It’s National Library Week, yay! Last year a kid threw up in front of me, probably because they were so excited about public libraries. This year I’m hoping for a calmer celebration.
I’m new to romance and libraries. I received my MLIS and have been working in libraries and archives for four years, and started reading romance regularly around that time as well. However, I can genuinely say both have become my passion. I’ve started to build my library career as “that tattooed, colored-hair biracial librarian who reads a lot of romance” and it’s incredibly satisfying.
All this being said, this doesn't mean that libraries curate spaces for people like me. Libraries have a lot of the same issues we see in Romancelandia - because of the high cost to receive an MLIS (and for various other things I won’t rant about), many librarians are cisgender heterosexual white women. In the ALA’s (American Library Association) last demographics study, 86.7% of its members identified as “white.” It’s getting better, though it feels like it’s a glacial pace. When I attend romance book talks in my area, the majority of the librarians there fall into the above category. And because of this (and more things that I rant about on Twitter), many romance collections follow suit.
I take a lot of joy researching new titles to purchase that reflect the needs of my community and also the world. Because of how my library system works, when I buy a book for our collection not only does it serve the local member-base, it’s also accessible to the 100+ libraries in our consortium and the United States. I relish the research reading and Twitter scrolling I do to find new titles to take a chance on.
Unfortunately, this does not reflect all people doing collection development for romance. I once had a librarian tell me, to my face, that finding diverse titles was “hard.” WE. ARE. LIBRARIANS! It’s our job to be educated and informed about what we do. It’s not hard to jump on Book Riot, Love in Panels, Diverse Romances Press List, or the multitude of places writing about romance to find diverse titles. A quick Google will even get you started.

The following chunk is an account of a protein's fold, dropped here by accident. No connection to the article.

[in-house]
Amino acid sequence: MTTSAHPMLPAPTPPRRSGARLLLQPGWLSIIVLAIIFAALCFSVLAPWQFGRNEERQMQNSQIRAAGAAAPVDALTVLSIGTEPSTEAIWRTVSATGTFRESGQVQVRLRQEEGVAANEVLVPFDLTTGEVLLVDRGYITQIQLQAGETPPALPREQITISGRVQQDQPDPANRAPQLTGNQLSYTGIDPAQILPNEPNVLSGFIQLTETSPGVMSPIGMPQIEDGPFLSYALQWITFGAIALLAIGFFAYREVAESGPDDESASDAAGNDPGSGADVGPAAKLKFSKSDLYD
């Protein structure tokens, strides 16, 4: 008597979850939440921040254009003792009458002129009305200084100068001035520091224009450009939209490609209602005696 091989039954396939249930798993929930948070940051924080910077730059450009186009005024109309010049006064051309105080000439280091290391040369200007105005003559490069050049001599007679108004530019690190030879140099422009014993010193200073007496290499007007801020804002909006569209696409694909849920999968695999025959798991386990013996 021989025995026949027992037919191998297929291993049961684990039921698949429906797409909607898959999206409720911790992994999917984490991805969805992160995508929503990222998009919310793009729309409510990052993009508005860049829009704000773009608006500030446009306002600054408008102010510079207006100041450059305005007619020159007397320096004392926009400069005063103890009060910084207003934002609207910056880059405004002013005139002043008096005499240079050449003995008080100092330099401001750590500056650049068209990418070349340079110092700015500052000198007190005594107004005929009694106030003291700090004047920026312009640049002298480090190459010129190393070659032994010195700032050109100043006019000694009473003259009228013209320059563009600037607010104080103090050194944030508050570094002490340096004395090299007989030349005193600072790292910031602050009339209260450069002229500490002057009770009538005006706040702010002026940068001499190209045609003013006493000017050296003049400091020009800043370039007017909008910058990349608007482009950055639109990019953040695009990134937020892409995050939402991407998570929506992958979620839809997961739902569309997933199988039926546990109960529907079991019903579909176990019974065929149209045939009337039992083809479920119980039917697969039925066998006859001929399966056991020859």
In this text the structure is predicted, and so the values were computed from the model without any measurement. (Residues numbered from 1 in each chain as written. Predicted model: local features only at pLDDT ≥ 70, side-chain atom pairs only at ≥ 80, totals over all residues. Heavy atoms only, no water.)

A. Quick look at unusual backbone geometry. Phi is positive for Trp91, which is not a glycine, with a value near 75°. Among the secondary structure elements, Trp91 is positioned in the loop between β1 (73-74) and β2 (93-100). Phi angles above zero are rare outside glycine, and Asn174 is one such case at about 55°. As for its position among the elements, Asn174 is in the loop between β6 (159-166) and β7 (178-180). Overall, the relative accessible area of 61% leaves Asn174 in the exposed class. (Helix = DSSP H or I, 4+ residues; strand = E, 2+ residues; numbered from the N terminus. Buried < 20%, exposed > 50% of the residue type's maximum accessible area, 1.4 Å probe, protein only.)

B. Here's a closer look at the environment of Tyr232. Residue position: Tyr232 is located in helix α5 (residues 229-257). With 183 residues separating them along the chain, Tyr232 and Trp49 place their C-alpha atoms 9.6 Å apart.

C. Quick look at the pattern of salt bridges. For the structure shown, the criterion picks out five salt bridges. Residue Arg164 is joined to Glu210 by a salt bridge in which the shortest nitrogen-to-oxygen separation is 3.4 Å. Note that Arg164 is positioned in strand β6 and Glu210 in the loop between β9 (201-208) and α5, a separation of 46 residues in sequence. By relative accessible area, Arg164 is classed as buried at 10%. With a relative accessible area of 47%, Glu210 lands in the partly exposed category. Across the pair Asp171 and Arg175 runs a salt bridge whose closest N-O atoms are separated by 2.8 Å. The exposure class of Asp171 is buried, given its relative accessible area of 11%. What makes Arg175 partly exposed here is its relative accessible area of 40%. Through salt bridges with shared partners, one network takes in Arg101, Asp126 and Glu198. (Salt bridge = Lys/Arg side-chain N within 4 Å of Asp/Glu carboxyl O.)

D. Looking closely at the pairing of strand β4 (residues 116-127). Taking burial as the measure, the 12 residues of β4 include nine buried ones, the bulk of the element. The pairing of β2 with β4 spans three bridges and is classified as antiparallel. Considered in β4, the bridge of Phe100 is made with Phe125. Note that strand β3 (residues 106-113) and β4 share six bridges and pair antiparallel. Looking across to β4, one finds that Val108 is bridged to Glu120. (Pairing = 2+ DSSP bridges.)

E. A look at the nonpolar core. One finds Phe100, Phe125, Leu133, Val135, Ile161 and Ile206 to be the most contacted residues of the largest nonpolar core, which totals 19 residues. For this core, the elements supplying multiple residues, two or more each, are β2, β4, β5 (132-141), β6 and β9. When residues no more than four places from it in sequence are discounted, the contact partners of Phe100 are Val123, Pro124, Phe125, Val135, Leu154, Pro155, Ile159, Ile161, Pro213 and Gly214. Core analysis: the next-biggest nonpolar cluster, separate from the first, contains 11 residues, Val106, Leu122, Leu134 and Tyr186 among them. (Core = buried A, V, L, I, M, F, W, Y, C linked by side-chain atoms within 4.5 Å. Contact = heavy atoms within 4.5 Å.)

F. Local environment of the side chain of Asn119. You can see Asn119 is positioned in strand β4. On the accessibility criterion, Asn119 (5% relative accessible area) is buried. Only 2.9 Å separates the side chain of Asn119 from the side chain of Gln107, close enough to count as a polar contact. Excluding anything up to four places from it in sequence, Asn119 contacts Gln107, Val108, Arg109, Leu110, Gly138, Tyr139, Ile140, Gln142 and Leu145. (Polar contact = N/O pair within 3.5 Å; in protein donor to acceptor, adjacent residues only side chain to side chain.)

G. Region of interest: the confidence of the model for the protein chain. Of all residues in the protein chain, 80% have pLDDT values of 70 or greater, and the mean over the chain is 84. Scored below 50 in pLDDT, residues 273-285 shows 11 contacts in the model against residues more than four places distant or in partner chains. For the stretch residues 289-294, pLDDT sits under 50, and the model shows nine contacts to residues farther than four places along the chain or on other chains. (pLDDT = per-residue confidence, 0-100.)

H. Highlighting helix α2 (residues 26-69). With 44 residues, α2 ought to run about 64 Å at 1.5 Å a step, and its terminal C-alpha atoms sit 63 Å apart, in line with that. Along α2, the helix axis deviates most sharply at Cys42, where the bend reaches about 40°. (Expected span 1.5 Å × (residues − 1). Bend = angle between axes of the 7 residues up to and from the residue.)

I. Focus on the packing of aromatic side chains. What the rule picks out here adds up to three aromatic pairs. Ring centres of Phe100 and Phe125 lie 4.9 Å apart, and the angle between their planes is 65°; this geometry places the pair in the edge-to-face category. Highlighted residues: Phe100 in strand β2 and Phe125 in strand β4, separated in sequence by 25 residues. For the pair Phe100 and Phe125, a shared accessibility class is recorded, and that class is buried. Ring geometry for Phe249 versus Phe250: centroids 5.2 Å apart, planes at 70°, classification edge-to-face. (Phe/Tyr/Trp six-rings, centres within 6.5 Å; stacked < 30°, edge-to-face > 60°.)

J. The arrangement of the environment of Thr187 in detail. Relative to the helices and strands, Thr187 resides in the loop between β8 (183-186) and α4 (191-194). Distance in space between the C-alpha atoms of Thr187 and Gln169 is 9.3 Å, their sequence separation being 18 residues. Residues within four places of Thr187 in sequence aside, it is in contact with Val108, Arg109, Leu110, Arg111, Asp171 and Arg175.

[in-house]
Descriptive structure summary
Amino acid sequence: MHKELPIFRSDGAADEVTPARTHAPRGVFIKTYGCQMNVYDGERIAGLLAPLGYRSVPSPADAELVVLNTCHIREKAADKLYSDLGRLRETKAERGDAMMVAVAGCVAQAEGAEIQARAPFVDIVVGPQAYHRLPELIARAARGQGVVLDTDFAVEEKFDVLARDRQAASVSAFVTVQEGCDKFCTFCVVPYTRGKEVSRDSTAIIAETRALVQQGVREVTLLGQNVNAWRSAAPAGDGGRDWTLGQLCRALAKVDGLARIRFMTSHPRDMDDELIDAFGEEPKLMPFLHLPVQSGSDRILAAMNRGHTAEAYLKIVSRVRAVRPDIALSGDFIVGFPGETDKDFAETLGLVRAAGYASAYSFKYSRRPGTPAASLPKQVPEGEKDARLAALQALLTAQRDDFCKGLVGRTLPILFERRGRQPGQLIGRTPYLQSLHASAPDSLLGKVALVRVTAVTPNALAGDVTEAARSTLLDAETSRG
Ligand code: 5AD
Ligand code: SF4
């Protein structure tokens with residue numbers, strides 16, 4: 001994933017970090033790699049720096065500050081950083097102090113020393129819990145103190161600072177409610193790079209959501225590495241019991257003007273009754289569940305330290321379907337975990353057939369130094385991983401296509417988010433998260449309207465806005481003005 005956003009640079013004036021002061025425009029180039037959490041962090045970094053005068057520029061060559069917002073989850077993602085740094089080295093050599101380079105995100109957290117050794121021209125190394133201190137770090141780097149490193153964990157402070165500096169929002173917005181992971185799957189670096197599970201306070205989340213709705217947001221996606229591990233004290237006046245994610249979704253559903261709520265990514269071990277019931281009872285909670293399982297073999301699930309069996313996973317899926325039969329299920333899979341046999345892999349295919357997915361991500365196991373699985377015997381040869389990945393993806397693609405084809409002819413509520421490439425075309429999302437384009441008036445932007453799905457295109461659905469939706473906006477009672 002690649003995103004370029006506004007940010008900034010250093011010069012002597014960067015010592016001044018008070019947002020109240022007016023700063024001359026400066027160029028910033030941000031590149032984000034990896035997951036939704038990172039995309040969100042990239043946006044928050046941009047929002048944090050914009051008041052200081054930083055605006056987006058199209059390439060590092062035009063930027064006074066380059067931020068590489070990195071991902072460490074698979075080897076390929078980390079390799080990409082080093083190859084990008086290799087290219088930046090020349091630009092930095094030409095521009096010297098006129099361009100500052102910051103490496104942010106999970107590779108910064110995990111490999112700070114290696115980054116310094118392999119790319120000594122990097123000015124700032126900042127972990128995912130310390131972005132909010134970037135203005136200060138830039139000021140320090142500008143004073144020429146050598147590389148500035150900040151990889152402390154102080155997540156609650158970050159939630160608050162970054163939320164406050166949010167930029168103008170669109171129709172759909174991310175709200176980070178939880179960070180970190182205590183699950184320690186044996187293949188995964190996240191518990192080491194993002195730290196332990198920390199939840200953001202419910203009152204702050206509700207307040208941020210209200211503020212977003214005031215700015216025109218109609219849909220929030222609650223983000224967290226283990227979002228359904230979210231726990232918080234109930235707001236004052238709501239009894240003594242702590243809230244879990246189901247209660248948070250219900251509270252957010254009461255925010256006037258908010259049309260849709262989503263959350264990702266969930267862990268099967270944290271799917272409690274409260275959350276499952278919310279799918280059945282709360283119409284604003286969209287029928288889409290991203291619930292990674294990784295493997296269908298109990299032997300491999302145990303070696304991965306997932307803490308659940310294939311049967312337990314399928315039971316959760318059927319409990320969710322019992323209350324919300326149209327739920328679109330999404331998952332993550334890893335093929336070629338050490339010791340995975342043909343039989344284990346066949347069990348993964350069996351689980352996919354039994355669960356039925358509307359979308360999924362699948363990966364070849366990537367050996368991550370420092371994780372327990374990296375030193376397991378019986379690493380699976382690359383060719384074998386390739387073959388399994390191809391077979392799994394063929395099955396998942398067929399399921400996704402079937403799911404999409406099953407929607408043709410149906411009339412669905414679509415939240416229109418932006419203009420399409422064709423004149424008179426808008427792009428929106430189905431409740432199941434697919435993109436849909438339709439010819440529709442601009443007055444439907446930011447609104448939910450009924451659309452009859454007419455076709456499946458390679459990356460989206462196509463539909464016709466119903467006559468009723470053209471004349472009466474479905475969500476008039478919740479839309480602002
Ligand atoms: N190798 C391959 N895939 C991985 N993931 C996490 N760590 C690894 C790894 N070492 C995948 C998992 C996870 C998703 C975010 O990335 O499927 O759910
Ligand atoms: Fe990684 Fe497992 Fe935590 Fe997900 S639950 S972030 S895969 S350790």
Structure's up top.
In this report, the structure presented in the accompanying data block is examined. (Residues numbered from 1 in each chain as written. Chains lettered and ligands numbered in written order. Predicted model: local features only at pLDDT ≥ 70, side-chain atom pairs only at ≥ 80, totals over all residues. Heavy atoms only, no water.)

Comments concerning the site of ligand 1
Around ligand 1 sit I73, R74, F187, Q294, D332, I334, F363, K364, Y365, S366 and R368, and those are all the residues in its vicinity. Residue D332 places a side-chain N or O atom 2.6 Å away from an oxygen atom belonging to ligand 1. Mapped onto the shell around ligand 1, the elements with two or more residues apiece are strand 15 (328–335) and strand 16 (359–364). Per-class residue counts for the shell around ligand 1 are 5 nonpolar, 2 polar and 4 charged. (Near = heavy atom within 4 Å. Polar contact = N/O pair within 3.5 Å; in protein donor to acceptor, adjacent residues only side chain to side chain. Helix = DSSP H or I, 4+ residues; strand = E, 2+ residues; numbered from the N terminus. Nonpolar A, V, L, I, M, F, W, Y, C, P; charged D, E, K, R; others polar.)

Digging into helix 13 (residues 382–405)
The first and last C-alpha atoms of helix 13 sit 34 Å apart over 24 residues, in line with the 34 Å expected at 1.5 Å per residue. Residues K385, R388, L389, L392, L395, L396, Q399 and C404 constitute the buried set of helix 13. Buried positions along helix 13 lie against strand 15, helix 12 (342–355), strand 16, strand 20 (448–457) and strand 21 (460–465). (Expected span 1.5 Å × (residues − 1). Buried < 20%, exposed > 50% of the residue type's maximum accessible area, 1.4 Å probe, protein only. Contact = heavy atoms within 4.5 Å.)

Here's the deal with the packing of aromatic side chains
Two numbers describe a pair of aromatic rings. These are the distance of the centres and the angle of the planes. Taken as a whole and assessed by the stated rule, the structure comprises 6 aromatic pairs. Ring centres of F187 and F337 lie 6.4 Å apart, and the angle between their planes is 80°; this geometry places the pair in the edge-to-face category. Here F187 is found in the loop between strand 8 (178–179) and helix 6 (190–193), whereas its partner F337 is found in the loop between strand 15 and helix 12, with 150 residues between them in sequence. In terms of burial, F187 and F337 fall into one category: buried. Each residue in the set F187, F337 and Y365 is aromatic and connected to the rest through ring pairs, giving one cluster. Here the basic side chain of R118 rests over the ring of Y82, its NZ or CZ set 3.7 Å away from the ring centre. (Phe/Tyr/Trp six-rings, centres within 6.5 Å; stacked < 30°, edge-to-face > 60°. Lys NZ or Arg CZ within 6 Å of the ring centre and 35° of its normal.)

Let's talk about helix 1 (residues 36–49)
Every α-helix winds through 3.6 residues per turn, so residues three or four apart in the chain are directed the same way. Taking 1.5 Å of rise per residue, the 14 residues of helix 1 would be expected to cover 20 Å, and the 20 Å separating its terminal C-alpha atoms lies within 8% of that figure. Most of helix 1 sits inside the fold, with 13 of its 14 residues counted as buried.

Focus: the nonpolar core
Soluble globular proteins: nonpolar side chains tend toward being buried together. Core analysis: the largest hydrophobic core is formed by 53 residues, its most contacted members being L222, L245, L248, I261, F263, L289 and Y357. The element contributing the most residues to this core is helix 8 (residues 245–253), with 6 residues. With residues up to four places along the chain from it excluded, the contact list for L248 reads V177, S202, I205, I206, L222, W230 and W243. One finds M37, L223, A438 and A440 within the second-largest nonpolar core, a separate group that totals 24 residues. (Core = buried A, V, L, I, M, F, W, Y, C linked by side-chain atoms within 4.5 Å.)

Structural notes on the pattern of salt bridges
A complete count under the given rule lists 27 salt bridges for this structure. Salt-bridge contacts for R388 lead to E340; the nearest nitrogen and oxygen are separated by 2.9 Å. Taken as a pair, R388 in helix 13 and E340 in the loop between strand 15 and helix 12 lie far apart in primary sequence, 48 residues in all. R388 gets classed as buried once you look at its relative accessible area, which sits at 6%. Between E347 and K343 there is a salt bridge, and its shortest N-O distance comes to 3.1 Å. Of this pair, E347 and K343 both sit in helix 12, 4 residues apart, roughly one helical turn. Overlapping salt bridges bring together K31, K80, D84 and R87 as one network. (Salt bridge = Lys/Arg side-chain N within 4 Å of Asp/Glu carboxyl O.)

It’s always hard to find a balance between the demands of your community and what you think should go into your collection to make it well-rounded and not blaringly white and hetero. Making an effort and not relying on traditional media outlets for book reviews is an easy way to ensure that. To say it’s hard means you’re lazy and don’t want to make an effort to be a good librarian or to serve your community. /endrant
I take great joy curating our collection for my readers. I know they’re not “my” readers, but I broadcast my love for romance loud and proud. When I see books I purchase for our collection going to locals, or a library in our consortium, or even out of the state, it gives me such a rush of pride. I like talking about paranormal romances with my favorite member (spoiler: all librarians have a favorite patron) and recommending new ones. I love finding new titles and reading them to become a better librarian. It’s moments like this that make the shitty moments in public libraries fall away.
For romance readers, the library can be a fantastic place to find new books and save a bit of money. We read. A lot. And buying all of those books is expensive! I sadly do not have any control of our e-book purchasing, so I can’t curate e-only romances for our collection. However between the print options in our library, the e-book and e-audio resources in Overdrive/Libby and Hoopla, and the option of Interlibrary Loan (getting print copies of books from outside of your consortium or out of state), you can get pretty much anything. Some libraries in my area even loan out devices with Audible Romance subscriptions! Though public libraries are limited by our budgets, know that we always try to buy the books you want even if it means going on Amazon, buying it, and creating a unique catalog entry to get it into your hands.
We’re in an exciting time where romance readers are loud, vocal, and voracious. And I’m proud to be your local librarian.
Tips for readers:
Ask your library what resources are available to you. Even if you think you know, ask. Often, you can get a library card at another library which has access to different resources, and sometimes libraries have less popular (especially in digital) collections that aren't on Libby and therefore less well known.
Use the Library Extension on your browser to see which books are available at your local library. This is great if you're on social media and click an Amazon link. (Though don't forget you can support your favorite blogs and websites by occasionally buying through their links.) The library extension is available in Chrome (what we've linked above) and other browsers and you can find it with a quick google for "library extension."
It looks like this:
This is the upper right hand corner of the item page at Amazon. Here, you can see that both the digital and print copies are owned by my local library, but aren't available at the moment. If you click "View," it'll take you to the item page where you can place a hold. (You can also see that it's not on Hoopla.)